Click (2006 film)

Click is a 2006 American science fantasy comedy film[2] directed by Frank Coraci, written by Steve Koren and Mark O'Keefe, and produced by Adam Sandler, who also stars in the lead role. The film co-stars Kate Beckinsale as his wife Donna and Christopher Walken as Morty, an eccentric stranger. Sandler plays Michael Newman, an overworked architect who neglects his family. When he acquires a magical universal remote from Morty that enables him to "fast forward" through unpleasant or outright dull parts of his life, he soon learns that those seemingly bad moments that he skips over contained valuable time with his family and important life lessons. Throughout the story, Morty explains how the remote works and issues warnings.

Adam Sandler holding a blue remote control. The film's tagline appears above him, with its title, release date and production logos below.
Theatrical release poster
Directed byFrank Coraci
Produced by
Written by
  • Steve Koren
  • Mark O'Keefe
Music byRupert Gregson-Williams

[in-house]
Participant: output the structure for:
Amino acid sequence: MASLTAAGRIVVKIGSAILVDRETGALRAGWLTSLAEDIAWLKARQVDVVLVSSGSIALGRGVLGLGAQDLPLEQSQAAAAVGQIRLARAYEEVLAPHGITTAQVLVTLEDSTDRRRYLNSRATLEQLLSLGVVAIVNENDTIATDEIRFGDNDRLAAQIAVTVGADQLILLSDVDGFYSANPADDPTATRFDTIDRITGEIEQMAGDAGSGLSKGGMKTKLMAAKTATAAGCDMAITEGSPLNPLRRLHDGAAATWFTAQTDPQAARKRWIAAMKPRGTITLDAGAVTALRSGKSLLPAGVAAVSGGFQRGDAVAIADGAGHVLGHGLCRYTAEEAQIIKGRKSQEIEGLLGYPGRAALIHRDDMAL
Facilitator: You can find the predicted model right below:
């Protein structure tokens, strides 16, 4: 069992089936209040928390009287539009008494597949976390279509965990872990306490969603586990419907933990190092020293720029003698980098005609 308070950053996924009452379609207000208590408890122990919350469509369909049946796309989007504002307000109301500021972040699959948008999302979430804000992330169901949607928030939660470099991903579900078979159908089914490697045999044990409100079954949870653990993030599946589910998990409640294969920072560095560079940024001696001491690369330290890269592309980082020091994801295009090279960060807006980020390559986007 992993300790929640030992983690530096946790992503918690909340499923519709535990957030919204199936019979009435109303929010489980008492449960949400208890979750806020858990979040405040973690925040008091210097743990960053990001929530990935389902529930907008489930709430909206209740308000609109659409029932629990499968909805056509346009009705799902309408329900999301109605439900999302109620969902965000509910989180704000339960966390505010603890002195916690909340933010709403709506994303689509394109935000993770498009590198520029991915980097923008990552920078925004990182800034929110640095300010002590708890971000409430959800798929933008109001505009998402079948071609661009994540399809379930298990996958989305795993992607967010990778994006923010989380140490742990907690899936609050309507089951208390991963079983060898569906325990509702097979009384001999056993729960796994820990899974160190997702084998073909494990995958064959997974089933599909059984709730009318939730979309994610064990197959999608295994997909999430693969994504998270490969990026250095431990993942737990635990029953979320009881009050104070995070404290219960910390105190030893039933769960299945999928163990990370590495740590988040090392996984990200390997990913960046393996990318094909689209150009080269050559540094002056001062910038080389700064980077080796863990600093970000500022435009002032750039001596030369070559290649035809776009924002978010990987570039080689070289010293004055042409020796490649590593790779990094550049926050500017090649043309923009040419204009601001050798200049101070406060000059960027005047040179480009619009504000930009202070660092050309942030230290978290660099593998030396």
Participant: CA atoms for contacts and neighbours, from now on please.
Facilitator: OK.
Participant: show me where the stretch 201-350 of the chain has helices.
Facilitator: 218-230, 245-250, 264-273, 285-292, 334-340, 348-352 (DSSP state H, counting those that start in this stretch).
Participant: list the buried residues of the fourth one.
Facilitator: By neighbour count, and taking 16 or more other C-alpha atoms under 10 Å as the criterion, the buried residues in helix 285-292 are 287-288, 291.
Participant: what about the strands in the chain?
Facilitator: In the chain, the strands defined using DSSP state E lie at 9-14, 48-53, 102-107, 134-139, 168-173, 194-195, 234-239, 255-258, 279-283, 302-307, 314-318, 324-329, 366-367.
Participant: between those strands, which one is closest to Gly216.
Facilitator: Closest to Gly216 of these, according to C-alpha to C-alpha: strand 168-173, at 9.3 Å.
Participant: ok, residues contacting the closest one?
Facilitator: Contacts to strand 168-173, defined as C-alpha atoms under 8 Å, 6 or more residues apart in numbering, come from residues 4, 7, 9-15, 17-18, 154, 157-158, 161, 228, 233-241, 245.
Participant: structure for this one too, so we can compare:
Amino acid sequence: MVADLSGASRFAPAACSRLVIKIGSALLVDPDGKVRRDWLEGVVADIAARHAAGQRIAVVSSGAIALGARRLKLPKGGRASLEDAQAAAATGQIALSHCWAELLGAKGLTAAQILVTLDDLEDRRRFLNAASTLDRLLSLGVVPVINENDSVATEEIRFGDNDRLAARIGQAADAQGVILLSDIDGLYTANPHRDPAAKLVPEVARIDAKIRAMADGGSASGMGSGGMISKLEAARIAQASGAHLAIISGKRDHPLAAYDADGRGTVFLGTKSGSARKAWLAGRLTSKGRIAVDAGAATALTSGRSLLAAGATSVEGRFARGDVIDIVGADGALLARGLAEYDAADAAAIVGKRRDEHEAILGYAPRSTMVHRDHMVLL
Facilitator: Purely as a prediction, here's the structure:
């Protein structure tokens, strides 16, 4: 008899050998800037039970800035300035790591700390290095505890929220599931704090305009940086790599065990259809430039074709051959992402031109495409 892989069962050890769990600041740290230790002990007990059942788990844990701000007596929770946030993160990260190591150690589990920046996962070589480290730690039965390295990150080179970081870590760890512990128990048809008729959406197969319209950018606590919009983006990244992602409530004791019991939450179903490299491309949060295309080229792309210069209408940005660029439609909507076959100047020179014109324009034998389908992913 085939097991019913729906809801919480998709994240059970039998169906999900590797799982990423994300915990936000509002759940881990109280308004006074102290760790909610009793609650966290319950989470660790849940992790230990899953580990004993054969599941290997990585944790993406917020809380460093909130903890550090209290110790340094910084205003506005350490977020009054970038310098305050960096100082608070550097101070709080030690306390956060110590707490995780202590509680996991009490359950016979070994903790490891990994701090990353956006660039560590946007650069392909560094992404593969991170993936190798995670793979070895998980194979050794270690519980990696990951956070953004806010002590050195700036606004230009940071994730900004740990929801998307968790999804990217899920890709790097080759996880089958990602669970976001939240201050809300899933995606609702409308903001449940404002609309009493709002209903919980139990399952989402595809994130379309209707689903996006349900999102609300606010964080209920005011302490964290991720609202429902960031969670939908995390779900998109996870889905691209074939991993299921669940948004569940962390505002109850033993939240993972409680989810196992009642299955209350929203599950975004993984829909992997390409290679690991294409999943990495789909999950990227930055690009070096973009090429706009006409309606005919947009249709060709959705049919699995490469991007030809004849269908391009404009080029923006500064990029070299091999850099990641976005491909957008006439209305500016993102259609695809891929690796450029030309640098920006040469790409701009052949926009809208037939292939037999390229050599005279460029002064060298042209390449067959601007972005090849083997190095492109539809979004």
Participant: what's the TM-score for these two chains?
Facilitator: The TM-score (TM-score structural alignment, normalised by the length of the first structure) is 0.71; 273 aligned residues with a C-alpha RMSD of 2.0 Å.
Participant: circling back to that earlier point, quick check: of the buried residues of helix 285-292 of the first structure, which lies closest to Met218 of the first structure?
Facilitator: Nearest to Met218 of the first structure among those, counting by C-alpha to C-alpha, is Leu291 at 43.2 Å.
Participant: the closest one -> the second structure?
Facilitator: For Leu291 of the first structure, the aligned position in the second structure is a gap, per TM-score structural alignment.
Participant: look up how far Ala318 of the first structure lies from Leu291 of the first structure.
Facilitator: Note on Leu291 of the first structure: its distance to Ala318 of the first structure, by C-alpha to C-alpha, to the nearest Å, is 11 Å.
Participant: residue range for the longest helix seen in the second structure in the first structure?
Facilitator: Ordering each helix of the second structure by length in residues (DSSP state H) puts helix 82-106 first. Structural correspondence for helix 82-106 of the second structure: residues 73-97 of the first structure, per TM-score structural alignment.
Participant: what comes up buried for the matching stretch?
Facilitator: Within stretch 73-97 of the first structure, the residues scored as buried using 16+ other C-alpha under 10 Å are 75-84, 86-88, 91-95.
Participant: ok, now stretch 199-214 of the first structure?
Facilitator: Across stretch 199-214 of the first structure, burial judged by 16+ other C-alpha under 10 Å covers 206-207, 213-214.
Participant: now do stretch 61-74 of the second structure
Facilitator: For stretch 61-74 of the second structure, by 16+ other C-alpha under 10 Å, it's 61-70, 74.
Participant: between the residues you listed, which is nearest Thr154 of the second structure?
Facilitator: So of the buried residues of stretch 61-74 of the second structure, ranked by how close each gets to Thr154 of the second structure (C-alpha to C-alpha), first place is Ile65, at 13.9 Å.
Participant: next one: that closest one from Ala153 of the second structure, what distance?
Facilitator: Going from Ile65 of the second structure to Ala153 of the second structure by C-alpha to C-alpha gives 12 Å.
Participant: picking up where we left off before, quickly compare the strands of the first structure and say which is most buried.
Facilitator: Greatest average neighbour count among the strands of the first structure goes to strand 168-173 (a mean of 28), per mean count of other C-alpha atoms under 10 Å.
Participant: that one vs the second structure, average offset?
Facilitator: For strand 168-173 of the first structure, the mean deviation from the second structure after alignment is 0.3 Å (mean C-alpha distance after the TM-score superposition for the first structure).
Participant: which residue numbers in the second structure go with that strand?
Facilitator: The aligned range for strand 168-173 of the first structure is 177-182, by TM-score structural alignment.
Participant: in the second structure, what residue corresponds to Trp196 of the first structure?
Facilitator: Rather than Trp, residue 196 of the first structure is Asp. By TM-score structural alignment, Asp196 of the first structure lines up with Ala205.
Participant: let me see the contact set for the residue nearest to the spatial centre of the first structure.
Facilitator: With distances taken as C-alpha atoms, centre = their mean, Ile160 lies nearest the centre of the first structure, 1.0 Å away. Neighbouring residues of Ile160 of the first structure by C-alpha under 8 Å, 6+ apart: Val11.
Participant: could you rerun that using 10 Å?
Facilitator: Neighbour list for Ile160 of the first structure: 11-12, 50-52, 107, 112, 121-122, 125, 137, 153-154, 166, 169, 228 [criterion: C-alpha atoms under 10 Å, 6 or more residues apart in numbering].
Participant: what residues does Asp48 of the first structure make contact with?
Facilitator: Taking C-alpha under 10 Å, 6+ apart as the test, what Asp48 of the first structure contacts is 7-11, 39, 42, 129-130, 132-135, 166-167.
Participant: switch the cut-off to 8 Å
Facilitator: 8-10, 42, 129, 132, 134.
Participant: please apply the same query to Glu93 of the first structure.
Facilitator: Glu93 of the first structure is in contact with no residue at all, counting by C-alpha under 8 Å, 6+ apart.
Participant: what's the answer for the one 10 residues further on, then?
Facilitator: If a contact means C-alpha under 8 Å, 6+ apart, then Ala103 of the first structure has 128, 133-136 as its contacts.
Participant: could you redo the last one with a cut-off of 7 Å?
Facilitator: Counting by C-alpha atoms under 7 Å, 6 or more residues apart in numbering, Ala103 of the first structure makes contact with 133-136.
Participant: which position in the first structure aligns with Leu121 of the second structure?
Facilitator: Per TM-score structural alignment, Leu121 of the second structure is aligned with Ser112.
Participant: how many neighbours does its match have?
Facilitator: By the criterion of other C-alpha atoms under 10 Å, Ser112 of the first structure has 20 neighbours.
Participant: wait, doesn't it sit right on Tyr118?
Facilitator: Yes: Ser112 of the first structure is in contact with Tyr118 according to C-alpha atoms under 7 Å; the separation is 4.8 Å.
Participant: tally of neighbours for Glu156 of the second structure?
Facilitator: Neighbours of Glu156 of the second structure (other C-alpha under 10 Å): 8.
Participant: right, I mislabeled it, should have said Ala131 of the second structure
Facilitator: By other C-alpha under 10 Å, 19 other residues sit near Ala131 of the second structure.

CinematographyDean Semler
Edited byJeff Gourson
Distributed bySony Pictures Releasing[1]
Release date
  • June 23, 2006 (2006-06-23)
Running time
107 minutes
CountryUnited States
Budget$82.5 million
Box office$240.7 million[2]

Filming began in late 2005 and was finished by early 2006. The film was released in the United States on June 23, 2006, by Columbia Pictures and distributed by Sony Pictures Releasing. The film was made on a budget of $82.5 million, and grossed $240.7 million. Despite having mixed reviews from critics, it was nominated for the Oscar for Best Makeup, making this the only Sandler film to be nominated for an Oscar (as of 2019). It was released on DVD on October 10, 2006. This movie was remade into Hindi in 2016, it is titled Baar Baar Dekho starring Siddharth Malhotra and Katrina Kaif.


Michael Newman is a hardworking architect, married to his longtime sweetheart Donna Newman with two children, Ben and Samantha. Michael is bullied by his overbearing boss, John Ammer, and often chooses work over family. Michael visits the retail store Bed Bath & Beyond to buy a universal remote control for his home. He stumbles around the various departments before falling asleep onto a bed, and sees a section titled "Beyond". A man named Morty offers Michael a free remote, but warns it can never be returned.